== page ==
Punch! is a physical theater play for three actors based on the Punch and Judy show. The Yellow House is a music-theater piece that “looks at the sources of Van Gogh’s creativity.”

In 1989, Shapiro directed Mac Wellman’s new play Whirligig in Shaliko production that kept pace with the playwright’s dizzying linguistic inventions. A highly original satire of the American scene (William Inge meets Rod Serling meets The Three Stooges), Whirligig was a sleeper, underrated by critics.

Allen Frame You have a concept of testimony. Could you explain exactly what that is?

Leonard Shapiro I was taught acting by Peter Kass who said: First make sense of the words; then find what your objective is and learn how to pursue it; and then find out who the character is and how to portray that. From the beginning of our work as a company, I was never interested in that last part, character. We just threw that out and made everything based on the other two, making sense and pursuing the objective. For us, very often, the objective is the social objective, communicating to an audience what the nature of the event is. That’s where testimony comes from. I’m interested in the actual, real-time event that happens in the room while you’re there. Most of our work tries to find out what is specific to that event and how to utilize it. Testimony is simply the actor speaking directly to the audience about what matters to them both in that moment, in a way that can change that moment, change the world they live in. You could call it didactic, except that to keep it alive—there is a methodology of investigation here. You don’t know beforehand what the answer is. You know what the question is. So you do the work to address the question. I’m trying to find out how tightly you can define the question and still keep it alive.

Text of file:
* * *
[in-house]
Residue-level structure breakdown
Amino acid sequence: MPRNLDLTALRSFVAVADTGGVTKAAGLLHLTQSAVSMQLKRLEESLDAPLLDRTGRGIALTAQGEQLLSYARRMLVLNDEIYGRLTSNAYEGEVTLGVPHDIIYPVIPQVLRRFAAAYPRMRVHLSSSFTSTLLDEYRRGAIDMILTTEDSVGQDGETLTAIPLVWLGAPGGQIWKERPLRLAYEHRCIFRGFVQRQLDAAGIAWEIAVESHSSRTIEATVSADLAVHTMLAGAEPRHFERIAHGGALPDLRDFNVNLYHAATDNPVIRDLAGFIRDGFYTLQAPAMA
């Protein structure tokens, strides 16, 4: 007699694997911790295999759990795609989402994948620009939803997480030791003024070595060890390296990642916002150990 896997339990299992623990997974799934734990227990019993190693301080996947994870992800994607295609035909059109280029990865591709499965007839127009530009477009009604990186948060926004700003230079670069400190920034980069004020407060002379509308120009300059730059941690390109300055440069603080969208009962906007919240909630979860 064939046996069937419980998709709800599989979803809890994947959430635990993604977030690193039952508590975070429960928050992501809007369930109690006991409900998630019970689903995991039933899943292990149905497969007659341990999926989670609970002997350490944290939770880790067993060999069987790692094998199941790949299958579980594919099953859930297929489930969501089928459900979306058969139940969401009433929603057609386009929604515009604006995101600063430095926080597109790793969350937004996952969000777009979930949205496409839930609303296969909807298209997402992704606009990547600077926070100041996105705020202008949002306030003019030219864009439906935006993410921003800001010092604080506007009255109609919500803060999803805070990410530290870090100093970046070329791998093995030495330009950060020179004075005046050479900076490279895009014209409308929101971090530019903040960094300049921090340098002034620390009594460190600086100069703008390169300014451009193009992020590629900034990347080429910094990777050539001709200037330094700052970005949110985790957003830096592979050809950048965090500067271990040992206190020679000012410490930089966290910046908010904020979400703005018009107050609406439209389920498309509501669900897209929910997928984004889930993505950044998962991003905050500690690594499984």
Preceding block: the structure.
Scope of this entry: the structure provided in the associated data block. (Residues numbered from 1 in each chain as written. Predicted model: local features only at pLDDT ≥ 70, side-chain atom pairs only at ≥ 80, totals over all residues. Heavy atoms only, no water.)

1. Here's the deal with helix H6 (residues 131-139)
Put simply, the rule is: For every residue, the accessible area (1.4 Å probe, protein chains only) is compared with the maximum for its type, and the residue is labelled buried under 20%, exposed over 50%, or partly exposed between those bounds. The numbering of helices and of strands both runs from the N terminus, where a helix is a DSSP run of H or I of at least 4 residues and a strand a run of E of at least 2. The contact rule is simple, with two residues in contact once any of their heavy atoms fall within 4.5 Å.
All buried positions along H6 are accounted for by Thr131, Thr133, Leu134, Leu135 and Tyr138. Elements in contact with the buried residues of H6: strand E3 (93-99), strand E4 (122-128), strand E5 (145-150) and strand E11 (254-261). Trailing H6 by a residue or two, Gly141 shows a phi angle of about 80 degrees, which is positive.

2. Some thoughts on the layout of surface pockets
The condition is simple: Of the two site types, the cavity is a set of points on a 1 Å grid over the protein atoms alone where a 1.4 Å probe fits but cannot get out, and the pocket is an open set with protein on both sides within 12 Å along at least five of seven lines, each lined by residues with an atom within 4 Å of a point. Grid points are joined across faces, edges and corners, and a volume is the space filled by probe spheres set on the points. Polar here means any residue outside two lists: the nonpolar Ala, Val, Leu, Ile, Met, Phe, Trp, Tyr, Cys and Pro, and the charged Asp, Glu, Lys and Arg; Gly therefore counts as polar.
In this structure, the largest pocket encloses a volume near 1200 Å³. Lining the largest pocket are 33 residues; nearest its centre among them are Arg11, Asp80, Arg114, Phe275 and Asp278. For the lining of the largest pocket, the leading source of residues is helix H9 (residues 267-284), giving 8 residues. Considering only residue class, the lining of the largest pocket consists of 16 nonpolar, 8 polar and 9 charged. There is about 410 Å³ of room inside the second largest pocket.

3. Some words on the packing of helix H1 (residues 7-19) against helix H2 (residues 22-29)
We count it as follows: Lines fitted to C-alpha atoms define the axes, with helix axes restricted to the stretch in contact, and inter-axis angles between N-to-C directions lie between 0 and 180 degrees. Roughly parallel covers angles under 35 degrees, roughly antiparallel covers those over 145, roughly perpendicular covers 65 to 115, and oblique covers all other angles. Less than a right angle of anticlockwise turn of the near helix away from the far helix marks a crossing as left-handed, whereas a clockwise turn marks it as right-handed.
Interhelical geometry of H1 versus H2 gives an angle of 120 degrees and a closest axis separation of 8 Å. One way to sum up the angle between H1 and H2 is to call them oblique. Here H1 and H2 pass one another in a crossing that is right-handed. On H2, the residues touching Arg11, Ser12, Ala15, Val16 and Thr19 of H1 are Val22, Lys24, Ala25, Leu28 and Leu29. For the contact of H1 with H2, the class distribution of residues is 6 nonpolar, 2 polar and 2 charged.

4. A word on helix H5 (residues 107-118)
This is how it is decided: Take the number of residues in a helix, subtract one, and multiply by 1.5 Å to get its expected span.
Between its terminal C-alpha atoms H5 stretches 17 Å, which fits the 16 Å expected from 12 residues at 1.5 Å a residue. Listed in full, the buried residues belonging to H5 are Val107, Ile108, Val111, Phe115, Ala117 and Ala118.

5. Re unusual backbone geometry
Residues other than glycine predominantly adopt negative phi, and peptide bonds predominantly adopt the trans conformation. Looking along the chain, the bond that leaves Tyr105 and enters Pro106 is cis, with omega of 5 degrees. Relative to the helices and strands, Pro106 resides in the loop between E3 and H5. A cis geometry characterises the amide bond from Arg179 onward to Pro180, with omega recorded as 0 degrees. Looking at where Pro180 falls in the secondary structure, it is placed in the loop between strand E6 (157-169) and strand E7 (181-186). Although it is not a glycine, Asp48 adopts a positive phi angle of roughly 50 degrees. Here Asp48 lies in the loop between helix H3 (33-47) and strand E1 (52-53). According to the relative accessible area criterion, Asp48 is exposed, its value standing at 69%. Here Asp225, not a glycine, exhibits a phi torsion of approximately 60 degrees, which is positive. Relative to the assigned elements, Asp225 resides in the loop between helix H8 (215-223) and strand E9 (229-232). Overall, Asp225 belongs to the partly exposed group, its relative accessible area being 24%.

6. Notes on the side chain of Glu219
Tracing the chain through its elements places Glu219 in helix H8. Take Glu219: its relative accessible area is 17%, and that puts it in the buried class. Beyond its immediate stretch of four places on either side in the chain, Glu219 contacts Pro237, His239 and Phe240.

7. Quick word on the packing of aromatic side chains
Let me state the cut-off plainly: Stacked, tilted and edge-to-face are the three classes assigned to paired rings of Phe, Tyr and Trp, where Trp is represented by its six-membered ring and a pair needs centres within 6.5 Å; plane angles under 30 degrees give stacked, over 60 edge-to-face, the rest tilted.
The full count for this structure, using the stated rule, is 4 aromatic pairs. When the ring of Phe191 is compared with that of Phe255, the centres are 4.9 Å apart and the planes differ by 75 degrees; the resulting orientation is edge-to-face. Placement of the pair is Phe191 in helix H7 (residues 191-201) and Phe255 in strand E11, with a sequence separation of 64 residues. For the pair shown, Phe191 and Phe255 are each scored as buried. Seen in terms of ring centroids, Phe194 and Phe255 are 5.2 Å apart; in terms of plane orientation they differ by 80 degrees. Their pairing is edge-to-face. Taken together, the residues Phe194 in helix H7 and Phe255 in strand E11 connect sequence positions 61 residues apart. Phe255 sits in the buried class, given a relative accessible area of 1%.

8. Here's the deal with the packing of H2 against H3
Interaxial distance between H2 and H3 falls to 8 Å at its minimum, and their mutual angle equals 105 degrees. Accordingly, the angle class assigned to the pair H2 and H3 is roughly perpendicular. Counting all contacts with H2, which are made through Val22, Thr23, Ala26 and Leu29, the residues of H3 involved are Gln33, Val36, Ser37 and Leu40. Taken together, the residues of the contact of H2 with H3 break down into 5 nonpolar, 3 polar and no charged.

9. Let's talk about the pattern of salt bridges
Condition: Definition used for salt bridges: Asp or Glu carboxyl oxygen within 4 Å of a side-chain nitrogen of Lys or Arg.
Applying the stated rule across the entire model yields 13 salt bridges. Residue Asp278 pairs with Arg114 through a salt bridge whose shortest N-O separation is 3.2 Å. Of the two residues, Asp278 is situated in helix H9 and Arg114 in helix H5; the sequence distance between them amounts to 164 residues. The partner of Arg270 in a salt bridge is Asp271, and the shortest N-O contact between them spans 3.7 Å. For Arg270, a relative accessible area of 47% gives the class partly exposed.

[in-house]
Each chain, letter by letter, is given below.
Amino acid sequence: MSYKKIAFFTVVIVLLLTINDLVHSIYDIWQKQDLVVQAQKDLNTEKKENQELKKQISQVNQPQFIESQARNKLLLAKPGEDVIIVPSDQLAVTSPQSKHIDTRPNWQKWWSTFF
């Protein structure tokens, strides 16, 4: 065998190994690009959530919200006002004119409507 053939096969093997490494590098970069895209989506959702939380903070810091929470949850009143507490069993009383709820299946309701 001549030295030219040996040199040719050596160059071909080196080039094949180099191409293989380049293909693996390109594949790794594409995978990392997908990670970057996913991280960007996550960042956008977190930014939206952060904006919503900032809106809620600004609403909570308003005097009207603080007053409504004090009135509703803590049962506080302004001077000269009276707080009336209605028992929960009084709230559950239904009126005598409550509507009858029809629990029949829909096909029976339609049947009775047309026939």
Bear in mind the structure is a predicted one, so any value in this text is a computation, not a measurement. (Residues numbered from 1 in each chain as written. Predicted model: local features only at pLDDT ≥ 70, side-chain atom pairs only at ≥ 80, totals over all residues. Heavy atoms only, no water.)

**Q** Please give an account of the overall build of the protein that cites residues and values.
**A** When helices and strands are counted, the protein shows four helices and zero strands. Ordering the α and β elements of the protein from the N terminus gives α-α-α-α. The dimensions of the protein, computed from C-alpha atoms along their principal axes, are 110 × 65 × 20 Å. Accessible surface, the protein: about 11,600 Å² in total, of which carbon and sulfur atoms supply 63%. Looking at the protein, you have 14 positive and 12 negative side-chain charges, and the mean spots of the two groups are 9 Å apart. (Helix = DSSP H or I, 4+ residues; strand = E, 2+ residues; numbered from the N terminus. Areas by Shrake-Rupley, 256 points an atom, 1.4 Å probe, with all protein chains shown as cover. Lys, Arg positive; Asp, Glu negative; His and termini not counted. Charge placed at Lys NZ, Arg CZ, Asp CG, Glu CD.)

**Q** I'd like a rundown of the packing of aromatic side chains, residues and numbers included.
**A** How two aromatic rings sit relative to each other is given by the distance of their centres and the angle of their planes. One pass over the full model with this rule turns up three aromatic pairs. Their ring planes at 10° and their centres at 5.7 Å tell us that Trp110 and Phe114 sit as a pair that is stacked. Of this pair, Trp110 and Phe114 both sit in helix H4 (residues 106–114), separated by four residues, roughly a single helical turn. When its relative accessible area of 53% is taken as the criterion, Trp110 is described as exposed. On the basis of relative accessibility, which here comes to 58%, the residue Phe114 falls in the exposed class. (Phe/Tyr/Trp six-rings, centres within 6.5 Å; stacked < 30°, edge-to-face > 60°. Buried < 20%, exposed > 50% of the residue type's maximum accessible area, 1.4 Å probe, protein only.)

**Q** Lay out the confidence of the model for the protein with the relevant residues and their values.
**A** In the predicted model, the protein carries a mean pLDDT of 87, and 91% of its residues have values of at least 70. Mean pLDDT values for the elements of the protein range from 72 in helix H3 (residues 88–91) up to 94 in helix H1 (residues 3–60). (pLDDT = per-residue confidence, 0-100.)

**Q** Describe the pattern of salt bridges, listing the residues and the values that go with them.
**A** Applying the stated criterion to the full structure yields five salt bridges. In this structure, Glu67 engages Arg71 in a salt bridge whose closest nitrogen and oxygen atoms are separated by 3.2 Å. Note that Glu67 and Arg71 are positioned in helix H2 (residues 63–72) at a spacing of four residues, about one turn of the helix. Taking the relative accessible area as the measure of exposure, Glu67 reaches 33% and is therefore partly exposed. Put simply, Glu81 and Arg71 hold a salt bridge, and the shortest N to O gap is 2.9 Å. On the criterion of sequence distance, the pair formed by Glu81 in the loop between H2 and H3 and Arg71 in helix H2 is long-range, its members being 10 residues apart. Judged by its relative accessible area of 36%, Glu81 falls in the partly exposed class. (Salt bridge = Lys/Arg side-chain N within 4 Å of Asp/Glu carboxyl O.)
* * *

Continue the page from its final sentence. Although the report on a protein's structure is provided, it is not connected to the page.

AF Is the content a pretext for the event?

LS The Yellow House is about the possibility of the artist being accepted in society and affecting society. It came out of a romantic identification with Van Gogh’s struggle—and his fate. All of that is available to any actor. I mean, any artist has those same problems and those goals and that struggle. This was using Van Gogh’s words without pretending to be him; to talk directly one-to-one, actor to audience, to find out how to use the story as a structure, not as an end in itself, so the event concentrates on the interaction between actor and audience. I had in mind, working on The Yellow House, that the audience was Theo, Vincent’s brother. This was never said. But the goal of doing that show was to make the audience feel like Theo and respond with that kind of generosity and understanding.